To show you what I mean, let’s look at an anecdotal example. (By the way, it’s from a novel, but the principle behind it applies to screenplays as well.) Somehow, while browsing Amazon.com, I stumbled across this young adult (YA) novel, Marie Antoinette, Serial Killer.

Okay. Let’s reflect on that title for a second.

It’s great.

It combines two popular items (Marie Antoinette, serial killers) in an unexpected way, yielding one irresistible hook.

Then there is the cover.

Cover image for Marie Antoinette, Serial Killer

Striking, yes?

Many readers would be sold right there. But if they weren’t, the book description would surely get them. Here’s an excerpt:

Heads will roll!

Paris, France: a city of fashion, chocolate croissants, and cute boys. Colette Iselin is thrilled to be there for the first time, on her spring break class trip.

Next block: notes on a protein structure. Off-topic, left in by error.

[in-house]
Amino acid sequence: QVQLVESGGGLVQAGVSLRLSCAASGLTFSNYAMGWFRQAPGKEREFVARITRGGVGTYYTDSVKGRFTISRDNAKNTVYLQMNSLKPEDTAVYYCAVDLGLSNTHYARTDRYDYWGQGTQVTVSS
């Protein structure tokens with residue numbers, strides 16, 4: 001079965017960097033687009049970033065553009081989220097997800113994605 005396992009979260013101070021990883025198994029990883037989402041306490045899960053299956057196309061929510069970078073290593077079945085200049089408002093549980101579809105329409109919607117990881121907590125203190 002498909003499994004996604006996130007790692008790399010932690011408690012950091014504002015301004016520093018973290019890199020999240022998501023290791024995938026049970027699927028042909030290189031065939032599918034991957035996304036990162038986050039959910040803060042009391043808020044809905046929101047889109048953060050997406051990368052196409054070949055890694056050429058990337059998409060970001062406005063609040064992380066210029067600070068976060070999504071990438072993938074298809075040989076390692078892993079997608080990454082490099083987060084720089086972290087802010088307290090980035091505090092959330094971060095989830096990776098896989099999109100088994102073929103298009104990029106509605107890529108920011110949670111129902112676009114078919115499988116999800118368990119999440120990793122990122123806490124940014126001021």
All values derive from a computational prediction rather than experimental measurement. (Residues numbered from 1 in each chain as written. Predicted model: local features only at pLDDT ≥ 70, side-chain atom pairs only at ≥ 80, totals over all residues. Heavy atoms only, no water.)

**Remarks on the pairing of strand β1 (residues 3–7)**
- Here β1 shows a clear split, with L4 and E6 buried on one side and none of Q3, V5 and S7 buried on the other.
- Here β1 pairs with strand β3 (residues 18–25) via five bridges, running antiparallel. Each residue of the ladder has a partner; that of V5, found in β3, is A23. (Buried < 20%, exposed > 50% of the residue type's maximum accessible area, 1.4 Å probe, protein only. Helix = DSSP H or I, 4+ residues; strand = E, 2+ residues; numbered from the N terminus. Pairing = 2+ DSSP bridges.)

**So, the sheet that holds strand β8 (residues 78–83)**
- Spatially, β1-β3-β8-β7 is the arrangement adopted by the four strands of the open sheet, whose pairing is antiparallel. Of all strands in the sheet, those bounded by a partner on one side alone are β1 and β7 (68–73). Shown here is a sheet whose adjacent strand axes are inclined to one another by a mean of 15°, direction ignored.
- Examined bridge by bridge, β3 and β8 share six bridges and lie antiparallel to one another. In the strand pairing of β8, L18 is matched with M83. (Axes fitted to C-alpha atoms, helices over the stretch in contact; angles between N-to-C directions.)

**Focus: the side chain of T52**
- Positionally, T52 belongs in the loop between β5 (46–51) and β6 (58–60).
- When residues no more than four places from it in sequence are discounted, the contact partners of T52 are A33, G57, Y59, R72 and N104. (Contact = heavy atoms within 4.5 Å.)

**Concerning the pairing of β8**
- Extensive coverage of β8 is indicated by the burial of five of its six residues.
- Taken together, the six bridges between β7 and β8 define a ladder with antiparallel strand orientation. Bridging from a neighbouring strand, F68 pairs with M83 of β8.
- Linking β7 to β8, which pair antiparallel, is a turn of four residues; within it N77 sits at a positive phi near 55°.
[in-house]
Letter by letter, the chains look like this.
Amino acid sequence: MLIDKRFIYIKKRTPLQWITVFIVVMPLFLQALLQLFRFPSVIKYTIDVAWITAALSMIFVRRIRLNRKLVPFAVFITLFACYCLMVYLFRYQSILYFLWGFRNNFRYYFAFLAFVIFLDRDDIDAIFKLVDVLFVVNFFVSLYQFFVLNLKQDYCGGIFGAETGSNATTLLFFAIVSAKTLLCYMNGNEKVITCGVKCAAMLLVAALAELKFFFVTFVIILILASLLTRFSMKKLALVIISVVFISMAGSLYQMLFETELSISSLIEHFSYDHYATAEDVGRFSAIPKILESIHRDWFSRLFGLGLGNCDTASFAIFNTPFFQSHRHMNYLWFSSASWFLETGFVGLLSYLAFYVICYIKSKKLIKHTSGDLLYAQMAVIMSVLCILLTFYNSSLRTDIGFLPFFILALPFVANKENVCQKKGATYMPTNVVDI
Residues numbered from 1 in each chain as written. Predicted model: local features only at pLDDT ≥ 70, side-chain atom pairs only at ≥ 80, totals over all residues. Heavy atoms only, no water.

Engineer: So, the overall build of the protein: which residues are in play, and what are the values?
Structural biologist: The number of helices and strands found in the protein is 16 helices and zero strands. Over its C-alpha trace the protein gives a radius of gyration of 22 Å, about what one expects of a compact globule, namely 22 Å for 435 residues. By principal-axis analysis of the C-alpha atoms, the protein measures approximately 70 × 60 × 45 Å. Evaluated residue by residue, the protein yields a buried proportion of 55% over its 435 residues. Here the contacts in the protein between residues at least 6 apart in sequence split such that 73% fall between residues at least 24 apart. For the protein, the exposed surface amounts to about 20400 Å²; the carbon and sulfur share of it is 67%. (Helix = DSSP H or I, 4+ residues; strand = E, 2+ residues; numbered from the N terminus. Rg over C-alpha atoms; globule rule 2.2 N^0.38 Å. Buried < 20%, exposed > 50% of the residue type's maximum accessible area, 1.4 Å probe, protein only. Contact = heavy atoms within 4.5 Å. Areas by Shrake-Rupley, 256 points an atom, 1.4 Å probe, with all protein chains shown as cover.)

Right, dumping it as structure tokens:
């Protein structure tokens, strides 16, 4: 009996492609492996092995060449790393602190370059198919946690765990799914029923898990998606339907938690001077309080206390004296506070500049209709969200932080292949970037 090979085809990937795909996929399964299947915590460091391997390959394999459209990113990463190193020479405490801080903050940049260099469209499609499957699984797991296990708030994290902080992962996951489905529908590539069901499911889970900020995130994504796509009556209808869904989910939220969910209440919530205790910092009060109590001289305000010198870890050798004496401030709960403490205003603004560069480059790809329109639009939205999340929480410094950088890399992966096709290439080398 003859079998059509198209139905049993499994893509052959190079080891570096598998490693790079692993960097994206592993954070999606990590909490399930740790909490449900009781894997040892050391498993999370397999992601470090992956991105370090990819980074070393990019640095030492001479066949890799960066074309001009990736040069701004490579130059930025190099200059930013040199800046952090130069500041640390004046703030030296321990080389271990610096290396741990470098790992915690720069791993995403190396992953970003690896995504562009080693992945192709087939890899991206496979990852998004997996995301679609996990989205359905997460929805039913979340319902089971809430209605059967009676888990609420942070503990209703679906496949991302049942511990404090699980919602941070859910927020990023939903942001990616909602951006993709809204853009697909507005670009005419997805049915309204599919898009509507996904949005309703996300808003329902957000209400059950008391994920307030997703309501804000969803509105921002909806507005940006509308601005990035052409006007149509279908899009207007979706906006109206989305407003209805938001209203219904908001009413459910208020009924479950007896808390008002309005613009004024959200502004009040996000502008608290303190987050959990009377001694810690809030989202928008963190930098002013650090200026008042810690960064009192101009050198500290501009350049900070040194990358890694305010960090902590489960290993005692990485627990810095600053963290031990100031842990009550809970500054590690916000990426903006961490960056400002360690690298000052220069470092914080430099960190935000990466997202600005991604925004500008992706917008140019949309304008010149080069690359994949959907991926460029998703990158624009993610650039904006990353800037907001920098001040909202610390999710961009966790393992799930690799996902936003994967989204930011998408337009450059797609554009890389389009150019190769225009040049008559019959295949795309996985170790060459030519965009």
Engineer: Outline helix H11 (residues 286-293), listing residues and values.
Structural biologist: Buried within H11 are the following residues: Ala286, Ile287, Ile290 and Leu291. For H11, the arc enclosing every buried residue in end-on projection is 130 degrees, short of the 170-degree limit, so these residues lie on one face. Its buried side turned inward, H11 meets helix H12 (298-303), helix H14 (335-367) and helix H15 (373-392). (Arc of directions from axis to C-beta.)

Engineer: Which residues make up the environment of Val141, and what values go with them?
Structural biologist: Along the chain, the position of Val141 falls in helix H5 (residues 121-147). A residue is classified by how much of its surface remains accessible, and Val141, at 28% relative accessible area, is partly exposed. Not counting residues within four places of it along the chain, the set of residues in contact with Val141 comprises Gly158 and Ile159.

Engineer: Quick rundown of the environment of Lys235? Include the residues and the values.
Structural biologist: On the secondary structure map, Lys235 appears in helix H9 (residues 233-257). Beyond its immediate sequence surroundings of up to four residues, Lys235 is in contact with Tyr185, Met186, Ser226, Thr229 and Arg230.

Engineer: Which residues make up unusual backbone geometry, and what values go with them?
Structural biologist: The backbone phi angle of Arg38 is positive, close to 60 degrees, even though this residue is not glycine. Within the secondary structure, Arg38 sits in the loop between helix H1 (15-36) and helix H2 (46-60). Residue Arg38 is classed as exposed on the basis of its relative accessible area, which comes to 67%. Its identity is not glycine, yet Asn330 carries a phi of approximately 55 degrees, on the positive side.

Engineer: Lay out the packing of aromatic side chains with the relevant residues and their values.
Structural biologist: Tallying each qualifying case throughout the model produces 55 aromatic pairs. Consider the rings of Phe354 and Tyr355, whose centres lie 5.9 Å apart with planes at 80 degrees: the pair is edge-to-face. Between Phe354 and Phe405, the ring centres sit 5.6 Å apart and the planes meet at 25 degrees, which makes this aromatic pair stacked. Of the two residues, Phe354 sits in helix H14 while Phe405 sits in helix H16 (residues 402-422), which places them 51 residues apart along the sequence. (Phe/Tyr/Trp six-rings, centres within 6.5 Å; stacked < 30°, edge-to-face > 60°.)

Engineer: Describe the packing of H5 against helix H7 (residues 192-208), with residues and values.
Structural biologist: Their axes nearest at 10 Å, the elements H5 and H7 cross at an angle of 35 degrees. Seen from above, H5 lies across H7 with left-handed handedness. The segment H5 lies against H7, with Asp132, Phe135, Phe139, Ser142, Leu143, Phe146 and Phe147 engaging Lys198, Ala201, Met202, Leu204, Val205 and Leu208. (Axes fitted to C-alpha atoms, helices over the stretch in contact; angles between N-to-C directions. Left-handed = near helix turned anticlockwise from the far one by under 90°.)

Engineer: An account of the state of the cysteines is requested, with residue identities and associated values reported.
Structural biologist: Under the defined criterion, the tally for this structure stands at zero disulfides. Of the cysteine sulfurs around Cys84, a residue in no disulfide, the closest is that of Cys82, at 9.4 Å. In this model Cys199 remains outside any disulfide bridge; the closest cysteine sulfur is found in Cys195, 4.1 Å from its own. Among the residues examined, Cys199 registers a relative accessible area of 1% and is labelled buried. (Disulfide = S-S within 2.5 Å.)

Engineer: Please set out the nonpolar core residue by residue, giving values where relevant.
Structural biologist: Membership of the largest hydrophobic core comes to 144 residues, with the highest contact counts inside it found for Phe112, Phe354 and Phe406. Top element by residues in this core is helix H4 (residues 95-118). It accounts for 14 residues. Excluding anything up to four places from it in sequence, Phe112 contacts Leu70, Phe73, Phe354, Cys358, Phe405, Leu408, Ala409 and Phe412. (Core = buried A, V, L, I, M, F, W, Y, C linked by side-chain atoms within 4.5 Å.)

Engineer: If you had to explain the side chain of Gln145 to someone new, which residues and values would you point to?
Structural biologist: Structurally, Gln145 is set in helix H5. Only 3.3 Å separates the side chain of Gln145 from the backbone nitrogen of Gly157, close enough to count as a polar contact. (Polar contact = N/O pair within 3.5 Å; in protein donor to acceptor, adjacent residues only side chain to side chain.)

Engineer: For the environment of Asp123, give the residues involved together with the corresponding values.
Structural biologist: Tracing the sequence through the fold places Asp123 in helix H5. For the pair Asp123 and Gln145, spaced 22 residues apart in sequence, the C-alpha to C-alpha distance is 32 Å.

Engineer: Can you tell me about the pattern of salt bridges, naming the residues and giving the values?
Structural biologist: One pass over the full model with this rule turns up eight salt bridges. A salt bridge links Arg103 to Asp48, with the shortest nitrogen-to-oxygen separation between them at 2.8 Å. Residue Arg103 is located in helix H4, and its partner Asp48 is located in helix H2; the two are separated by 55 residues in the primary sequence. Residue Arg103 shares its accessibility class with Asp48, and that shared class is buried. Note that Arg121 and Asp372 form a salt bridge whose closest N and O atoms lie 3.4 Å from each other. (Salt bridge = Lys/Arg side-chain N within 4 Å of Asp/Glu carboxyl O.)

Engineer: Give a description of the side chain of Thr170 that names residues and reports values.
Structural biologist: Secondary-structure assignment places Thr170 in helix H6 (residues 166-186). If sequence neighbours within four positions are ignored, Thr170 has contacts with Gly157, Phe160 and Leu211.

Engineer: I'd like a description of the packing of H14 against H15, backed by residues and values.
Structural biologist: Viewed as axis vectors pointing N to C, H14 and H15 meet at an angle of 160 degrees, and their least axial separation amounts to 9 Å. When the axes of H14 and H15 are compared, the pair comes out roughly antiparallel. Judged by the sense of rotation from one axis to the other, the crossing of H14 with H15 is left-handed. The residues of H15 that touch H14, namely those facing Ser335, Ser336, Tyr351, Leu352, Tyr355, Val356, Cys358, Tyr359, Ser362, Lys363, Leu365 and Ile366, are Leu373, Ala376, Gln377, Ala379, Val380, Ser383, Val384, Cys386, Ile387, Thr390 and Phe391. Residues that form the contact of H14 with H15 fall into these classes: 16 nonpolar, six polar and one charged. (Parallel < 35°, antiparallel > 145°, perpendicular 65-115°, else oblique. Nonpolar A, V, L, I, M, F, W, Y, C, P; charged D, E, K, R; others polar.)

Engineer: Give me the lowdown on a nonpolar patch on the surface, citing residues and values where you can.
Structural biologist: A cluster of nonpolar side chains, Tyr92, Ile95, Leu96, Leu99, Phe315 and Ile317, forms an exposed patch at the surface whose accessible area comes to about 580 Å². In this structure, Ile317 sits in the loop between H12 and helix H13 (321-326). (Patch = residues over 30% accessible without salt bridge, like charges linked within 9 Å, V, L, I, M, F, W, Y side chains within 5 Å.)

But a series of gruesome murders are taking place around the city, putting everyone on edge. And as she tours the sights, Colette keeps seeing a strange vision: a pale woman in a ball gown and powdered wig, who looks like Marie Antoinette.

…the murder victims are all descendants of people who ultimately brought about Marie Antoinette’s beheading. The queen’s ghost has been awakened, and now she’s wreaking her bloodthirsty revenge.

And Colette may just be one of those descendants…which means she might not make it out of this trip alive.

Title, cover, book description—it’s a killer package (pun intended) that has blockbuster potential written all over it.

Moreover, it’s a killer package that gives readers certain expectations. Most expect it to be a ghost story that will creep them out or scare them (in the good way).

But that isn’t what readers got.